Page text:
"Anglicans across Canada are being called to demonstrate -- in the 22 days following the closing event of the Truth and Reconciliation Commission -- that this ending is only the beginning of healing and reconciliation with Canada's Indigenous people. Archbishop Fred Hiltz, primate of the Anglican Church of Canada, and National Indigenous Anglican Bishop Mark MacDonald have issued a call to the whole church today to participate in #22days, a campaign that will stretch from the start of the closing of TRC event in Ottawa on May 31  to National Aboriginal Day on June 21 . 22days was first conceived of by a group of cathedral deans from cities in which a national TRC event was held and was 'heartily endorsed' by the House of Bishops" (p. 10). "The General Synod communications team has created a web page -- 22days.ca -- that will offer resources, including 22 videos featuring former residential school students and staff describing their experiences in the schools. The videos are not the typical 30-second sound bytes people are used to viewing on television, they are about 15 to 20 minutes each, in order to tell the stories in a more whole and sensitive way, said Anglican Video senior producer Lisa Barry. One video will be added daily to the website during the 22-day period and each will be accompanied by a prayer, written by various people in the church" (p. 11).
The Anglican Consultative Council, which met in Nottingham in June, voted to censure the Canadian and American churches for their more-liberal stand on homosexuality after listening to presentations from both churches.
"Anglicans across Canada will be invited to 'help shape the mission priorities' for 2010 to 2019 of General Synod, the governing body of the Anglican Church of Canada, by participating in a voluntary, congregation-based lenten study next year. The study will allow participants to share their vision for their church's work". Dean Peter Elliott, chair of the 2019 Visioning and Planning Task Group, said that the lenten study "can lead us to many exciting possibilities. There's a great future for our church. We can sometimes get discouraged and depressed, but there's a fresh wind blowing in the life of the Anglican Church of Canada to engage us again in this important reflection on God's mission and what it is we're called to be and do".
"The province of British Columbia announced on April 10  that it will give $1 million to Christ Church Cathedral's building campaign, which is raising money to repair the cathedral's roof, add a new bell tower and expand its community outreach kitchen". "The campaign, called 'Raise the Roof, Ring the Bells, Feed the Hungry', aims to raise $7.5 million for a 'badly needed roof' and an 'all-new illuminated glass bell spire', and to double the size of its kitchen, which feeds 100 people a day during the coldest months of the year. Construction preparations on the project began in April ". The donation was announced by Sam Sullivan, the local MLA for Vancouver-False Creek and former mayor of the city. "The bell tower is one of the most striking elements of the campaign: for 40 years, it has been a dream of the congregation, a dream that will now be embodied by Sarah Hall's 'Welcoming Light', a series of glass-art panels that will cover a spire that holds four bells". "While a church's decision to spend more than a million dollars [i.e. $1.5 million] on something purely aesthetic might raise some eyebrows, [Dean Peter] Elliott sees the new spire as being a vital form of outreach. 'I think the Anglican tradition has a long history of being a champion of performing and visual artists', he said. 'There is, to the spiritual life, a strong link with the arts, with beauty. It's one of the ways that we're drawn to the divine'."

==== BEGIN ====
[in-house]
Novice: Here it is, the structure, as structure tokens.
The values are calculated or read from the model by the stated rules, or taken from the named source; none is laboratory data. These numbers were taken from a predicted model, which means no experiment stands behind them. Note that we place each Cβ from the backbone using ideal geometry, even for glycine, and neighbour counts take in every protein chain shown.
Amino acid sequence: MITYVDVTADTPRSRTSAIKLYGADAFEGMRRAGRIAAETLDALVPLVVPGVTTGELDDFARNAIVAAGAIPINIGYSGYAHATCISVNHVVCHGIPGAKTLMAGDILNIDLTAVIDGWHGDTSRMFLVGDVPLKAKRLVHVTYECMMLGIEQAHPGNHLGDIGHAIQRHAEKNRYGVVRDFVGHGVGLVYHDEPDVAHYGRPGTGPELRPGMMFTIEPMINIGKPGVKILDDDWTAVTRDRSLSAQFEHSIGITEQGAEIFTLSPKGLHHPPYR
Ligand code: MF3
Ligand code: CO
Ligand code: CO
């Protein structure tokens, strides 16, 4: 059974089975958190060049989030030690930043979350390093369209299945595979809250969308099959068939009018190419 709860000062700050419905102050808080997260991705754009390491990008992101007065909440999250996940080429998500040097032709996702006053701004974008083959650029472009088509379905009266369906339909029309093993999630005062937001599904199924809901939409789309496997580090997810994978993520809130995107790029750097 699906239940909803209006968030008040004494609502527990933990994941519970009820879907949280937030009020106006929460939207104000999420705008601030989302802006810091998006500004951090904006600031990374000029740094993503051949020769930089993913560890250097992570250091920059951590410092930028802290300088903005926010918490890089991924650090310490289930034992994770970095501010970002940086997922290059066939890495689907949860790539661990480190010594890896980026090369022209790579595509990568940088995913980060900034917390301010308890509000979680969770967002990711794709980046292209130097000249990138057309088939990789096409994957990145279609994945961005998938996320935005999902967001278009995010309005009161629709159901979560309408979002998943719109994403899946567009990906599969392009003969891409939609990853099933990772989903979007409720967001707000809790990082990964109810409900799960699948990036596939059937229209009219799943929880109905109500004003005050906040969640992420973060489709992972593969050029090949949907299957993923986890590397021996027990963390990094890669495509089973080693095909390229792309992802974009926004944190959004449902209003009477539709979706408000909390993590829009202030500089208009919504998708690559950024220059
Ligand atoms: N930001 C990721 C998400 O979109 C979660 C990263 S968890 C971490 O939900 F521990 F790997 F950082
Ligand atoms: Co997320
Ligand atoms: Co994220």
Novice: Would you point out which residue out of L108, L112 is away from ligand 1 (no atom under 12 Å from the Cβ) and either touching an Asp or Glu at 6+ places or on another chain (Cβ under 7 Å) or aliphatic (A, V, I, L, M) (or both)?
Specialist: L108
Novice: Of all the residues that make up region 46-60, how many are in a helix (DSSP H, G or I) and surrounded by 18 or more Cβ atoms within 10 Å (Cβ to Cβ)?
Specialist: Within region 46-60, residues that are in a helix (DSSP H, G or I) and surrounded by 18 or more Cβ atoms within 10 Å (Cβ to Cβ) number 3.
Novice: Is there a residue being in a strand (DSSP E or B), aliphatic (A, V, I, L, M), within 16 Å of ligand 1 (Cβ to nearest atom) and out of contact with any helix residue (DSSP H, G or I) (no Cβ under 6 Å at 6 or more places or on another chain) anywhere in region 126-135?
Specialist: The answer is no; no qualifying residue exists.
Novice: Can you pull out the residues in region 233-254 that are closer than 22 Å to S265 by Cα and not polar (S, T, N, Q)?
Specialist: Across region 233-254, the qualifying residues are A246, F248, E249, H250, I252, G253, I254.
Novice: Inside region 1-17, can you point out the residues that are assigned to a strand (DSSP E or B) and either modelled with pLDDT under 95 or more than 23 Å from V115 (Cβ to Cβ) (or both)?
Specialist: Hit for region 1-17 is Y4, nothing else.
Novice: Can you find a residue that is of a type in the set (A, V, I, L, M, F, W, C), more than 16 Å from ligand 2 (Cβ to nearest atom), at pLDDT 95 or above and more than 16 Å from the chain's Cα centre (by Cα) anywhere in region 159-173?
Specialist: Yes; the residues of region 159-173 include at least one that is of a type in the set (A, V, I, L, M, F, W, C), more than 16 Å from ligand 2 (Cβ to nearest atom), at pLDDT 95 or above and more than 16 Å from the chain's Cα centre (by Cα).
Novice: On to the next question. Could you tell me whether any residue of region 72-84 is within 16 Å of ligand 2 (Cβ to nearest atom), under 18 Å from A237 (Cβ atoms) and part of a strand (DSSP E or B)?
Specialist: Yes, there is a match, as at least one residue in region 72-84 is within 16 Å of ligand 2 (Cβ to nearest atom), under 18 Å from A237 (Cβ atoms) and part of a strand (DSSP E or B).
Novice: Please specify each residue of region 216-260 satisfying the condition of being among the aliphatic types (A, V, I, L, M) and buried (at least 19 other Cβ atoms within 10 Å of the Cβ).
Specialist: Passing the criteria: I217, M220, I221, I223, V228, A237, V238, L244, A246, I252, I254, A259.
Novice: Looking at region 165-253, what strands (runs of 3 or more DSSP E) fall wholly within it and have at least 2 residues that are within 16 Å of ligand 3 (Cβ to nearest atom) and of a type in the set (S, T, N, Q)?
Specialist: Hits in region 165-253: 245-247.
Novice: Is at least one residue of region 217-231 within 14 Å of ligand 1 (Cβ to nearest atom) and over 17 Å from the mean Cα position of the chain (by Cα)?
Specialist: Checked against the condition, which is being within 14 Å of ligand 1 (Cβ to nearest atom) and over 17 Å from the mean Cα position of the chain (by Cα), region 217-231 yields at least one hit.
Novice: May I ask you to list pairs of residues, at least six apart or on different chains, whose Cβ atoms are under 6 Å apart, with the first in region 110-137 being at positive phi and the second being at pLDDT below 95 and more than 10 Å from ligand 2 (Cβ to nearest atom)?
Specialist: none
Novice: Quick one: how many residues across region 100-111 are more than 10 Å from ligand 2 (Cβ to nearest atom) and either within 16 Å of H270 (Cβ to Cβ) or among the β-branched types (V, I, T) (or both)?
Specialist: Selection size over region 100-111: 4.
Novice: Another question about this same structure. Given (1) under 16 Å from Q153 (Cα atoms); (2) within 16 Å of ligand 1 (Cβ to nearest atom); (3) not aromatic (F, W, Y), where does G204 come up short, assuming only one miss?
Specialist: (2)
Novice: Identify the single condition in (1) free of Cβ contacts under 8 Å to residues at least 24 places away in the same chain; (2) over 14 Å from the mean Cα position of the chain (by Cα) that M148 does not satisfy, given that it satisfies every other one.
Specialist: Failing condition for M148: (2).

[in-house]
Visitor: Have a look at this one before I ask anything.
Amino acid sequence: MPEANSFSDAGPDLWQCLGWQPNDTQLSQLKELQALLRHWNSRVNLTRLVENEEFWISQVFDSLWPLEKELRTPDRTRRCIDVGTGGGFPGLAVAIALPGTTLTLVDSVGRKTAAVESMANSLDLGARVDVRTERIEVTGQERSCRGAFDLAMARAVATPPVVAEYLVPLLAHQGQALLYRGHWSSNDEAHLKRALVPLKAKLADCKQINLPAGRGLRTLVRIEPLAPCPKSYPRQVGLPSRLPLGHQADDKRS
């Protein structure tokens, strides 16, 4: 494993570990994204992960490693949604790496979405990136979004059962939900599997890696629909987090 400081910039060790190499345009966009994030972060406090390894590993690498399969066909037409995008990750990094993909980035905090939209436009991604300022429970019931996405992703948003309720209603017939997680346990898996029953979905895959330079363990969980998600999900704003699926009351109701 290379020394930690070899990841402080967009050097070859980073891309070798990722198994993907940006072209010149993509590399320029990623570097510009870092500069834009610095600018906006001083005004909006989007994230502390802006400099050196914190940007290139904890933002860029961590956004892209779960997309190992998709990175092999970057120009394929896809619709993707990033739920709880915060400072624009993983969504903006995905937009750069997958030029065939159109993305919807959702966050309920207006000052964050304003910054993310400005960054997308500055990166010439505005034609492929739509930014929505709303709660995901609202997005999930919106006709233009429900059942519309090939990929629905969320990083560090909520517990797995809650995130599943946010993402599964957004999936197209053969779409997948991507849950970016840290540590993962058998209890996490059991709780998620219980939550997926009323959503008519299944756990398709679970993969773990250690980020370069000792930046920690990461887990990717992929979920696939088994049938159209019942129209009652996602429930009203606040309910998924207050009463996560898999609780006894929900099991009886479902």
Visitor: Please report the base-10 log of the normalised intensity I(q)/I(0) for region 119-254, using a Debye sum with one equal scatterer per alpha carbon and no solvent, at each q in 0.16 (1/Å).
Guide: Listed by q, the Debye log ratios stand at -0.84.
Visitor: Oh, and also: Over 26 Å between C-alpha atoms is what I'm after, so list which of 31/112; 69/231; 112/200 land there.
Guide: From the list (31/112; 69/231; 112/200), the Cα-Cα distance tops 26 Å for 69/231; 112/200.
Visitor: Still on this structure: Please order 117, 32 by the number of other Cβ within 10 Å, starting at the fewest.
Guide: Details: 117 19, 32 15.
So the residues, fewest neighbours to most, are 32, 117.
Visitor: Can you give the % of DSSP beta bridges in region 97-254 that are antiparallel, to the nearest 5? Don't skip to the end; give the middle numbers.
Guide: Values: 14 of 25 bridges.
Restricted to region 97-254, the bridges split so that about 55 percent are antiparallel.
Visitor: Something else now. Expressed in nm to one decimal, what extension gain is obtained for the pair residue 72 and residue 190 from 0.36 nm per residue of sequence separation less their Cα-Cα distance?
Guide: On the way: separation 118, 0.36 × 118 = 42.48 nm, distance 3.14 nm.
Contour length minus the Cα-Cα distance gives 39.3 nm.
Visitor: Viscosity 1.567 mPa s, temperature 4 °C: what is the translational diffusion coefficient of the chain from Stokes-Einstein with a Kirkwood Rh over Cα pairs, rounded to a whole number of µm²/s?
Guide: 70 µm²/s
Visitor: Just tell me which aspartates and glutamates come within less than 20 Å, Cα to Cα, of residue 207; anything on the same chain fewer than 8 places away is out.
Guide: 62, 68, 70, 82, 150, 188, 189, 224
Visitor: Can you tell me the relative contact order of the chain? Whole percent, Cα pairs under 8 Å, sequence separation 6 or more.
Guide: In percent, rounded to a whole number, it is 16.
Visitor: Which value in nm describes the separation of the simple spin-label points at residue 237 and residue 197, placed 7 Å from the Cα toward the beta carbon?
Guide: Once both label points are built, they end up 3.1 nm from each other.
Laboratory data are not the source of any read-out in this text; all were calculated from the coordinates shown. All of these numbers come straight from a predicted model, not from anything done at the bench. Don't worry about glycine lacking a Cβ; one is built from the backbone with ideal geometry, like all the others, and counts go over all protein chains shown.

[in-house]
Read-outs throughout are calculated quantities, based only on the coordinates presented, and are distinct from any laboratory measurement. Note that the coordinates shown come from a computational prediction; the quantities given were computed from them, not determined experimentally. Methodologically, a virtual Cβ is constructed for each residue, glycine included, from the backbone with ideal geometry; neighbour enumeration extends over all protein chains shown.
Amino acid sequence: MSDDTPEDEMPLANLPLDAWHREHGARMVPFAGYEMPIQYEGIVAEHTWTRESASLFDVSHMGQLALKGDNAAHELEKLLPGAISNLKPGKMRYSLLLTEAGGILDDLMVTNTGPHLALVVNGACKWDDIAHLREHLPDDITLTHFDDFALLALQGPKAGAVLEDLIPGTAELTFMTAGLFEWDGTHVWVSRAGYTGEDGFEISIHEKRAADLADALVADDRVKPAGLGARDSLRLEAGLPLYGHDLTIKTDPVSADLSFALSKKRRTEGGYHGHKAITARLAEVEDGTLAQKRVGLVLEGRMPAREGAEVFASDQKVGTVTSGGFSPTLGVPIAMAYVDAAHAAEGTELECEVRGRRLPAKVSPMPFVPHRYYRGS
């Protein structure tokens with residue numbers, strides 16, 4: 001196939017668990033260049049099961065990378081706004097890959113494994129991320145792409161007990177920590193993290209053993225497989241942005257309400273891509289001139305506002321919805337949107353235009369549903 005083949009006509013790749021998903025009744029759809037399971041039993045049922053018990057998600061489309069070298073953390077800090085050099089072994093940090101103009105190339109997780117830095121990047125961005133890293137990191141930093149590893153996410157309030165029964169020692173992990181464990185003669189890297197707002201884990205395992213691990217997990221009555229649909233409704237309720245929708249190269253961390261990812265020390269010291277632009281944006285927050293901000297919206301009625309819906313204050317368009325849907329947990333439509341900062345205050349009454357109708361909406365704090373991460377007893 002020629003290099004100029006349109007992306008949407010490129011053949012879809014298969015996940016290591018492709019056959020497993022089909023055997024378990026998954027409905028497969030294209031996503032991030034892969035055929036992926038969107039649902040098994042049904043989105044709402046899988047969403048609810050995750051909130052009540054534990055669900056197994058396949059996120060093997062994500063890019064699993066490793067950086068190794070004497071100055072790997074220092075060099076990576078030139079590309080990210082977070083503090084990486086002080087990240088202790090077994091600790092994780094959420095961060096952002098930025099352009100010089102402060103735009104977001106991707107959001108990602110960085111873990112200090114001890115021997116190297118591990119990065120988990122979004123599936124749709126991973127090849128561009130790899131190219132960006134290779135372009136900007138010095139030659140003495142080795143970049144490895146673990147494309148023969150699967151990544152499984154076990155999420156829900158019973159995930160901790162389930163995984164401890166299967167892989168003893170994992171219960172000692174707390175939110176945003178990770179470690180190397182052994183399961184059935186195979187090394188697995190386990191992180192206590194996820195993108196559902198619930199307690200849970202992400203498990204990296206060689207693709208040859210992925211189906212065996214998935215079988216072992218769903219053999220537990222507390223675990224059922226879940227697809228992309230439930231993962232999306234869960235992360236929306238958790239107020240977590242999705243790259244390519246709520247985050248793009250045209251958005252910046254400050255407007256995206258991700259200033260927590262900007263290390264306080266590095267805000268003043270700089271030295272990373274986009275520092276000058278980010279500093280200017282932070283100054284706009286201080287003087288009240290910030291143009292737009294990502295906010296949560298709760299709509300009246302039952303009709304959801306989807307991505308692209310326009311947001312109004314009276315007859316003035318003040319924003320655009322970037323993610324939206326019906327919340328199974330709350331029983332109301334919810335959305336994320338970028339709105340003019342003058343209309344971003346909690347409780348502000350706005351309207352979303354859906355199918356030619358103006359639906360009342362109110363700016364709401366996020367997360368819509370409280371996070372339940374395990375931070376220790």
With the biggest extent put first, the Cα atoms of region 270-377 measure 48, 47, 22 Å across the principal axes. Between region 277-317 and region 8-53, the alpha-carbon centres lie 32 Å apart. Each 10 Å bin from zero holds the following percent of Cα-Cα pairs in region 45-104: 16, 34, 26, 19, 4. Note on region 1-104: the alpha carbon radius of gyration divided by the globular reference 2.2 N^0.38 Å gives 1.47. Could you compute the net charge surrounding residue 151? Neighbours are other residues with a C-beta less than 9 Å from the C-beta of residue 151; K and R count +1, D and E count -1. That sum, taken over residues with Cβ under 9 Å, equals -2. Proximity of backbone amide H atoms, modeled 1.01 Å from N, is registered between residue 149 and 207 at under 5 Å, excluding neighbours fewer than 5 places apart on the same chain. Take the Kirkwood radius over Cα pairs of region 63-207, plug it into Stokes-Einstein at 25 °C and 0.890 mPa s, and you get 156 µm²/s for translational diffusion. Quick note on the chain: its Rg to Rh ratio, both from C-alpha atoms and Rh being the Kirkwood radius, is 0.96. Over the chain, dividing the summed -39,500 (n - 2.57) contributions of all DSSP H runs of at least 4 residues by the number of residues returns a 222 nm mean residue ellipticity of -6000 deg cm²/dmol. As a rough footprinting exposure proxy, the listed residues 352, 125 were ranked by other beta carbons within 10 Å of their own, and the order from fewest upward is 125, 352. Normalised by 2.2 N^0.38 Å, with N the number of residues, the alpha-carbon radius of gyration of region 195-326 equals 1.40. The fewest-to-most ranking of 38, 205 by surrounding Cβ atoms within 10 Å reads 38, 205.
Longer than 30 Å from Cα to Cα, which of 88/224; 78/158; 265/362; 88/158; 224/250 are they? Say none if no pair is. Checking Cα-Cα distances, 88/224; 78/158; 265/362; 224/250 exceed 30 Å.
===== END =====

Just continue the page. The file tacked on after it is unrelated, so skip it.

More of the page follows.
"Council of General Synod (CoGS) has voted to recommend the Vision 2019 report be adopted by General Synod 2010 when it gathers in Halifax in June. Written as a a strategic plan for the Anglican Church of Canada, the report lists priorities that include developing leadership education for mission and ministry, supporting the Council of the North, journeying with indigenous peoples, working for peace and justice, engaging with young people, enlivening worship, and becoming leaders in the Anglican Communion and in ecumenical actions". The Vision 2019 Task Force is chaired by Dean Peter Elliott.